Latest Reader Question (Jan. 15, 2018)

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Here is the latest reader question, along with my reply:

Roger asks: Is using premium gasoline in a motor not requiring it according the owners handbook, detrimental the life of the motor?

My reply: No, but it is detrimental to mileage – and performance!

Here’s the deal: “Premium” is synonymous with “high octane.” It is not a measure of the fuel’s quality, per se.

Octane is a measure of a fuel’s inclination or tendency to burn – either sooner or later – when subjected to pressure and temperature.

High octane fuels are more resistant to burning prematurely due to pressure and heat, before the spark plug fires. This makes them ideal for high-performance engines with high compression ratios or high cylinder pressures, as in turbo/supercharged applications.

Lower octane fuels are less resistant to pressure and heat and will burn prematurely if used a high-compression engine, resulting in an uncontrolled explosion which often occurs as the piston is still traveling up and not yet in firing position. The resultant uncontrolled/premature explosion tries to force the piston down as it is still mechanically going up – placing enormous strain on it, the bearings, crankshaft and so on.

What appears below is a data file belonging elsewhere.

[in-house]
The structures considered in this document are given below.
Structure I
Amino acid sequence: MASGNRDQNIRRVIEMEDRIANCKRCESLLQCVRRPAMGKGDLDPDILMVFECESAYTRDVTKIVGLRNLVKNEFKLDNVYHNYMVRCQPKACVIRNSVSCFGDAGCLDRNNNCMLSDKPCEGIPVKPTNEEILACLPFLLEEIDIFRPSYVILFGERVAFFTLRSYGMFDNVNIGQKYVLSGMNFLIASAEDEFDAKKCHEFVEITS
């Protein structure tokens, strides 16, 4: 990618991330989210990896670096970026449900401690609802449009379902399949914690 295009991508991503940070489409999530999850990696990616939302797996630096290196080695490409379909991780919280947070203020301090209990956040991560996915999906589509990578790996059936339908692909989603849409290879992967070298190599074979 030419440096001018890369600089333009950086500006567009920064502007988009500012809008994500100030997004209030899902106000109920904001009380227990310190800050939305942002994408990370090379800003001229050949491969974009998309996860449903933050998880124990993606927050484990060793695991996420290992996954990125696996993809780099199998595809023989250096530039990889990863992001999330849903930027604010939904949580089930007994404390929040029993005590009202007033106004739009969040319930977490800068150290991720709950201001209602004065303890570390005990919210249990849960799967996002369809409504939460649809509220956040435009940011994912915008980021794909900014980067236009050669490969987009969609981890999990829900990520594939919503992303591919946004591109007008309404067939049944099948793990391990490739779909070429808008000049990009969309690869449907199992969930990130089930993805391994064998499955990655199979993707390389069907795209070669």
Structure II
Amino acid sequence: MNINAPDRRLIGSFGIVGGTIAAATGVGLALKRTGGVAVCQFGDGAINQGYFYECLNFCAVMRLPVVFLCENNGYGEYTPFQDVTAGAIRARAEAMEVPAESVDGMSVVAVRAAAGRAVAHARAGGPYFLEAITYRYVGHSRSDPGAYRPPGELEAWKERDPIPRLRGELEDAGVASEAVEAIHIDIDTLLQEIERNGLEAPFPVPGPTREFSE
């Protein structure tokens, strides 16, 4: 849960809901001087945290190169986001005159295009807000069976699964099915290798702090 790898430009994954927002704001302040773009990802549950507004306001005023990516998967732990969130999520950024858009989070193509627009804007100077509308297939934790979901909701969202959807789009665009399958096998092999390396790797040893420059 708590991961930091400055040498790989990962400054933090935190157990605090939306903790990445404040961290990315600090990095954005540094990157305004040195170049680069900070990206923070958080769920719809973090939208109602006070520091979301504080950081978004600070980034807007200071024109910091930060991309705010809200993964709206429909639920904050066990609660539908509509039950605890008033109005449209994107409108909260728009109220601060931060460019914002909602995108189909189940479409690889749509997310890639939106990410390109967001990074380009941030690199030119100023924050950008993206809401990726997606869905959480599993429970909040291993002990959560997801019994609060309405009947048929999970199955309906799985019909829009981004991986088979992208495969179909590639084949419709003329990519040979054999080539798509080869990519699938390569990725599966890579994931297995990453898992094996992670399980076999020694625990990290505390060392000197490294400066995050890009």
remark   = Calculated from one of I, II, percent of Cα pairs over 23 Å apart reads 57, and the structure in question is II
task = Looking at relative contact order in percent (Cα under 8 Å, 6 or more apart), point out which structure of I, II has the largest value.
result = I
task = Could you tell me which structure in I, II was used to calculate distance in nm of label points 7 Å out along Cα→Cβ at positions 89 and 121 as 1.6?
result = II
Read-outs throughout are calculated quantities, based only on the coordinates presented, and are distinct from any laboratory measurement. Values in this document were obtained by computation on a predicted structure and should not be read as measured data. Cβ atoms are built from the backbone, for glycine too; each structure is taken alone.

Most modern engines have knock sensors that prevent mechanical damage to the engine which would otherwise result from this pre-ignition (also called “engine knock”) but the power/performance and mileage delivered by the engine will often be noticeably reduced. So you do not save money by using regular/low octane fuel in an engine designed for high octane fuel.

And using high-octane “premium” in an engine that does not need it? You also get less power and worse fuel economy, because the octane/burn rate and the engine are mismatched. An engine designed to be most efficient on regular/lower octane fuel will be less efficient if you feed it premium.

The bottom line? You wont hurt anything – but you are wasting money – when you use high-octane fuel in an engine that doesn’t need it. And when you use low-octane fuel in an engine that does need it.

. . .

Got a question about cars – or anything else? Click on the “ask Eric” link and send ’em in!

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